Response times: This plays a factor as well. With todays materials that burn with higher heat release rates coupled with lightweight building construction if you can not arrive in a timely fashion then you ability or window to make an impact will be greatly diminished.

You must take all of these factors and make a self assesment of YOUR department. When you plug in all the numbers what your department and my department can do will probably be different. Once you make that determination you have to come up with a plan to search your buildings, and then practice that plan. For example when I was assigned to a truck company VES was our default search, due to the type of buildings we had and the types of fires we responded most to. So we practiced VES until we were sick of it, and then we practiced it some more. Go out look at your buildings and then get on the drill ground to figure out what is going to work for you.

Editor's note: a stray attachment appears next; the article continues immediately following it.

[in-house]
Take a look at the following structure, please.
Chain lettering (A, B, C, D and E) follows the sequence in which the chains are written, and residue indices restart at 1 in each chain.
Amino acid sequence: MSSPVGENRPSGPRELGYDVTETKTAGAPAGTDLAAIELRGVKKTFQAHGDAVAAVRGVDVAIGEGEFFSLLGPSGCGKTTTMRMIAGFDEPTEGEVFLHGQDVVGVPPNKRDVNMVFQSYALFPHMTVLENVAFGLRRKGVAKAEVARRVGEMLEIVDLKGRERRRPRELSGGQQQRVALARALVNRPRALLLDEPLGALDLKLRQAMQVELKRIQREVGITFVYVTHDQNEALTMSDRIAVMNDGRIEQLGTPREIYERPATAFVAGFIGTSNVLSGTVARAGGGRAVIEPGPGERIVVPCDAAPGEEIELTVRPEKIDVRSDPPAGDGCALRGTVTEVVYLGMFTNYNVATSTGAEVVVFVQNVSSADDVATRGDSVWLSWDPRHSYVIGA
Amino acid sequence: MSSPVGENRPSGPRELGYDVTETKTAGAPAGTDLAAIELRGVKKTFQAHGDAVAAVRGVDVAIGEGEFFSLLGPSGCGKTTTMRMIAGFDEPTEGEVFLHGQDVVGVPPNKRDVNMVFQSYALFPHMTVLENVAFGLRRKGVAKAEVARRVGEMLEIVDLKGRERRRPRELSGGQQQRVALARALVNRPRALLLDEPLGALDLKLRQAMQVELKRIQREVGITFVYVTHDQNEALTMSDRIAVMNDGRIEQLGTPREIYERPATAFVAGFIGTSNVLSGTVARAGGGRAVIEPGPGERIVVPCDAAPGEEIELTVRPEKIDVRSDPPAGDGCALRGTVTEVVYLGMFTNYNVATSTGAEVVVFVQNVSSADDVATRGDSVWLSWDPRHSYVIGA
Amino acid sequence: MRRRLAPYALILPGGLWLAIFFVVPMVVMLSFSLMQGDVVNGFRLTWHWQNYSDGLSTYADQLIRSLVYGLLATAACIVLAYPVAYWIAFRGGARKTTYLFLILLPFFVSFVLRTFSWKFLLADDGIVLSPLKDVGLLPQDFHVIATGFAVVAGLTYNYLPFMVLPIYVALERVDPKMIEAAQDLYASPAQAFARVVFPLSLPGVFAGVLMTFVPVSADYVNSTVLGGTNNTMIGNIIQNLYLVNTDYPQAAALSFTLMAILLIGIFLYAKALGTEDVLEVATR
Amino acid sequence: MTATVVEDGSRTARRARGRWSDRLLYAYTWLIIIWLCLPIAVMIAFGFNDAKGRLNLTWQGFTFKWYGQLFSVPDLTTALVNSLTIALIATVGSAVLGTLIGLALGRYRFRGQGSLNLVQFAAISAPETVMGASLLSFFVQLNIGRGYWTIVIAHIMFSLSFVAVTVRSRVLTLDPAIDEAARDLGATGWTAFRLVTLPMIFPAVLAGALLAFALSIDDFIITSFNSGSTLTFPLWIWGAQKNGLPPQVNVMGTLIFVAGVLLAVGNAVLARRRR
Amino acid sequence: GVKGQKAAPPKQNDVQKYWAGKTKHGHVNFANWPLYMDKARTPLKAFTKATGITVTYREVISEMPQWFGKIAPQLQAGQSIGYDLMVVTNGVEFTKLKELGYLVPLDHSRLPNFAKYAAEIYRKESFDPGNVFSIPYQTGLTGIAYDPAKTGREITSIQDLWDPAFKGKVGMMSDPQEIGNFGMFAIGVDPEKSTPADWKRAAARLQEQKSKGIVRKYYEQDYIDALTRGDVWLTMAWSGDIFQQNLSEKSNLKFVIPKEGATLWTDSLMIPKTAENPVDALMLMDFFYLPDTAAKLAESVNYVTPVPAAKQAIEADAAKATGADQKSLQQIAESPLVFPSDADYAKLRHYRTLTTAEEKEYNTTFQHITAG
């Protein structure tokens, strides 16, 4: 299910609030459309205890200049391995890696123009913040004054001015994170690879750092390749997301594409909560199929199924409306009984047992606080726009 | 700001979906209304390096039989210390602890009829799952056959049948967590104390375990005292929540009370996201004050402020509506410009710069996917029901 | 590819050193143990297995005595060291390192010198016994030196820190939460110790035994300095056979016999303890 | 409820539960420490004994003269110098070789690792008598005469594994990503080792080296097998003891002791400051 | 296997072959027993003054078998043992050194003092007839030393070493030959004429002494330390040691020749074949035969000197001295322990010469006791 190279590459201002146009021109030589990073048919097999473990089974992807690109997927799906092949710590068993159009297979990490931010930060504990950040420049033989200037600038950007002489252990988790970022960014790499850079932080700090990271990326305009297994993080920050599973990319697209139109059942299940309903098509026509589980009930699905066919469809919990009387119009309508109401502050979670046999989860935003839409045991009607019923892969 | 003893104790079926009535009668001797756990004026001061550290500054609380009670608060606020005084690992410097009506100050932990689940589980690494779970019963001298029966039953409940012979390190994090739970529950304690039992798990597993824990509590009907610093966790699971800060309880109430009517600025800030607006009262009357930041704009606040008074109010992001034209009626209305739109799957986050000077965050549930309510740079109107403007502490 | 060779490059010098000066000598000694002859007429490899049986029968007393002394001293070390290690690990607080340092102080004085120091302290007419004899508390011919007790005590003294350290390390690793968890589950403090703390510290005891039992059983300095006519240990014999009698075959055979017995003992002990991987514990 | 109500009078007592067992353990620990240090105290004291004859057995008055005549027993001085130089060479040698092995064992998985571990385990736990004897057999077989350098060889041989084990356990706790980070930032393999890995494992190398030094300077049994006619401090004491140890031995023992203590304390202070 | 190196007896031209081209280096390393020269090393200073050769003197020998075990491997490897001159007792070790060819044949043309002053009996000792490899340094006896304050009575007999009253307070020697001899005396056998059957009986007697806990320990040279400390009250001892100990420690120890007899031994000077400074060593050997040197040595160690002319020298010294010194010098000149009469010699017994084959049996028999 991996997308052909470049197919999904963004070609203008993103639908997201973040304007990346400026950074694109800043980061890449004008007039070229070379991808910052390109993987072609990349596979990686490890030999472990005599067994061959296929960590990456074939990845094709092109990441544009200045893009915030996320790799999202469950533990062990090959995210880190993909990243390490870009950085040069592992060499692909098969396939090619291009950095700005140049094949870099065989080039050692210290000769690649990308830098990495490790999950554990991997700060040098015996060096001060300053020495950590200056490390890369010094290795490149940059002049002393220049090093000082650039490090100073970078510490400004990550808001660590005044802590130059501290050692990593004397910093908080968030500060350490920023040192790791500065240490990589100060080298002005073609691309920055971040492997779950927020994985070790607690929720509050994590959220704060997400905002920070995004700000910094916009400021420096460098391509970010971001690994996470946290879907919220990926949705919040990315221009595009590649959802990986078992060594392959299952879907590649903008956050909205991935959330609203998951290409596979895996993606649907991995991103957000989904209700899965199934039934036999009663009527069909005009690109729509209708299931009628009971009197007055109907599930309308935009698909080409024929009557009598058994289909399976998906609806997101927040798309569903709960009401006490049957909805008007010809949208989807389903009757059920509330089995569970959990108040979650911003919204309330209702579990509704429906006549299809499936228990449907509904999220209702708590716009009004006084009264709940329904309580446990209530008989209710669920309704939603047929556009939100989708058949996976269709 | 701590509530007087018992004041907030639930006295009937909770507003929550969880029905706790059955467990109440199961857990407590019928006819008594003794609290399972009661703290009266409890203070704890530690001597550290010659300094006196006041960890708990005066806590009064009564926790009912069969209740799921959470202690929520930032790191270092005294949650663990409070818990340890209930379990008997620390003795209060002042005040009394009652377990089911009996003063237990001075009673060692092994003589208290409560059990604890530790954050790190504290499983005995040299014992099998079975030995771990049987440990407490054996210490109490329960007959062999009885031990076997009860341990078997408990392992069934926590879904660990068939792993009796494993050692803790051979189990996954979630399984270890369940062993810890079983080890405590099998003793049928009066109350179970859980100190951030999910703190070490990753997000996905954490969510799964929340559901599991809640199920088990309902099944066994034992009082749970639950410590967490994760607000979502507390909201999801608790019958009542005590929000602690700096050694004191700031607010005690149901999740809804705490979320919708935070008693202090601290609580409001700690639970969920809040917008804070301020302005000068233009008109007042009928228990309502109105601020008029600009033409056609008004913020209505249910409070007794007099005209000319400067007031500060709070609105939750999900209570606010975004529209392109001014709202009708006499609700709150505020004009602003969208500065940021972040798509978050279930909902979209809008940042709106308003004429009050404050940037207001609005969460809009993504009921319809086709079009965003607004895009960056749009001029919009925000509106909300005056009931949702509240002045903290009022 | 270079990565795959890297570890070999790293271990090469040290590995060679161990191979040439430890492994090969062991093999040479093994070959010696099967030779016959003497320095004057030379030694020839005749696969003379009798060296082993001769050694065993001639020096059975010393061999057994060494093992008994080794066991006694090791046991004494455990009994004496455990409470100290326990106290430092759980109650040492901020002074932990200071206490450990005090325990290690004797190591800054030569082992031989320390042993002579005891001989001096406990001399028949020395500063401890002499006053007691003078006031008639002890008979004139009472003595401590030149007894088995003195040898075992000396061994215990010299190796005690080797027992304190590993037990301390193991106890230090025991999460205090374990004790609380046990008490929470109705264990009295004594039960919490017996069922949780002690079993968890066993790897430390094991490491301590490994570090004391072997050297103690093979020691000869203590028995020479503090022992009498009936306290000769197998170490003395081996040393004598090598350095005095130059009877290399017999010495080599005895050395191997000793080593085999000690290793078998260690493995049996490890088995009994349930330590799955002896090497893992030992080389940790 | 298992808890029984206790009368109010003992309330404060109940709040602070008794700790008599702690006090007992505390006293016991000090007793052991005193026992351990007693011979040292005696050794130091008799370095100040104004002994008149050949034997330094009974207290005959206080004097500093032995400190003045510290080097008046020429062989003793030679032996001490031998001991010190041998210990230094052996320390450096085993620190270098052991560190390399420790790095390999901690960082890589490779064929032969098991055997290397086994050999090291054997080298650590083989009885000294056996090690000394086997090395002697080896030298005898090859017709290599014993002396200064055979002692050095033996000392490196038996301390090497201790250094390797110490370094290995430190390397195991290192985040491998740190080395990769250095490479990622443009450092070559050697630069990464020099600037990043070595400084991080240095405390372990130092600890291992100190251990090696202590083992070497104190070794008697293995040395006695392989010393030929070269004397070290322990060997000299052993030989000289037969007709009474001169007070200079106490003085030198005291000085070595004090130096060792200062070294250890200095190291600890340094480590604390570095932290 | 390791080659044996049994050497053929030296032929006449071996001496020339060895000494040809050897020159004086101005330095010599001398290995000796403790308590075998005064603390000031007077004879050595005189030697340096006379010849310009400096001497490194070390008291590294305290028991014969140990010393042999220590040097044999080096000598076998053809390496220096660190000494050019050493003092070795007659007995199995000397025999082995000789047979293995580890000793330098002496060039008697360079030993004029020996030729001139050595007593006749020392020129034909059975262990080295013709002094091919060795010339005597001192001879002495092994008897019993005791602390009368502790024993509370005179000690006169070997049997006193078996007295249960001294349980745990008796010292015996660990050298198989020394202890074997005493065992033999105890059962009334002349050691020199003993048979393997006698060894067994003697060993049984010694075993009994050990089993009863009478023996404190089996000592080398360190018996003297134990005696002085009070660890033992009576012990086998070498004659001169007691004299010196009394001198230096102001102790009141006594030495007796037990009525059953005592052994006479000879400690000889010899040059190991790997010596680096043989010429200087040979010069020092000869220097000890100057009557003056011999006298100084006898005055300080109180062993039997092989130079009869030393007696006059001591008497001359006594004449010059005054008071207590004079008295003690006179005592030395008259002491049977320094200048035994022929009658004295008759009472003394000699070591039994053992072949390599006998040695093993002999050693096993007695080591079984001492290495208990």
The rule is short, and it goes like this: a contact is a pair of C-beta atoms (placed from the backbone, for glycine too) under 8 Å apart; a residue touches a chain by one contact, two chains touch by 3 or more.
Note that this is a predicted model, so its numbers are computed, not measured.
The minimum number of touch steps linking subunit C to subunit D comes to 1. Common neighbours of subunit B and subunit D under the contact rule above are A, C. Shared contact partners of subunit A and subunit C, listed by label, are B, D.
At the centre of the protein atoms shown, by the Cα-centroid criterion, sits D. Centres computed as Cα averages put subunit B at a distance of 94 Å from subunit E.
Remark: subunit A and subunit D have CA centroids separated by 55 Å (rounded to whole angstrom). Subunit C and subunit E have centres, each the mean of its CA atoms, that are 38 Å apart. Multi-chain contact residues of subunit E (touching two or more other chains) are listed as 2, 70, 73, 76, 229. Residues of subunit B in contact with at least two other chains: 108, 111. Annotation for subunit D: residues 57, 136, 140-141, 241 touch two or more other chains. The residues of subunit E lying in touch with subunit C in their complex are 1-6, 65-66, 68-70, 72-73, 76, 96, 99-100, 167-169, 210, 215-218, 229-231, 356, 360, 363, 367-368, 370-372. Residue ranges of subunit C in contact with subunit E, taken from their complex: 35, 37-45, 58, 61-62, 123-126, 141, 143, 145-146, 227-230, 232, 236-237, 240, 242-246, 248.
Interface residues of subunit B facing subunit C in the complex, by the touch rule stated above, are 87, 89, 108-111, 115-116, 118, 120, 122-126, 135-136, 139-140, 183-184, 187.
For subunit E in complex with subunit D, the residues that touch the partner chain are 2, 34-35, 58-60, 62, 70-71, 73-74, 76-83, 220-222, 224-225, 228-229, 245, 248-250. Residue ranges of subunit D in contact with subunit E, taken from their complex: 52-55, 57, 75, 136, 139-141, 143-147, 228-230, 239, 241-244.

Take a look at the video below, your the first arriving special service company (truck, squad, rescue, whatever you got that does search) you arrive just as the engine is stretching the line. What is you plan to search this building? Are you going to search at all? Why or Why not? Where are you going to focus your search?

Bottom line is in order to get people to search you can not just tell them Why, you have to tell and show them HOW! Only when people have a full understanding of what it actually takes to search, the process, procedures, etc. will they search succesfully.

I leave you with this, I have searched alot of buildings and have had the oppourtunity to assist/find 7 people in fire buildings. All were dead, none lived, none of them were burned or even close to the fire. They were all in remote rooms away from the fire. In all of these fires aggressive interior searches were made with multiple companies. Whats the point? Sometimes luck plays a bigger factor than we think in the succesful outcome of victims surviving vs dying. The important thing for you to do is to make sure your trained enough to when training, luck, and oppourtunity all meet in the same place your ready to act.

Be sure to keep following along on twitter @averagejakeff

As usual thanks for reading, spread the word, and STAY SAFE!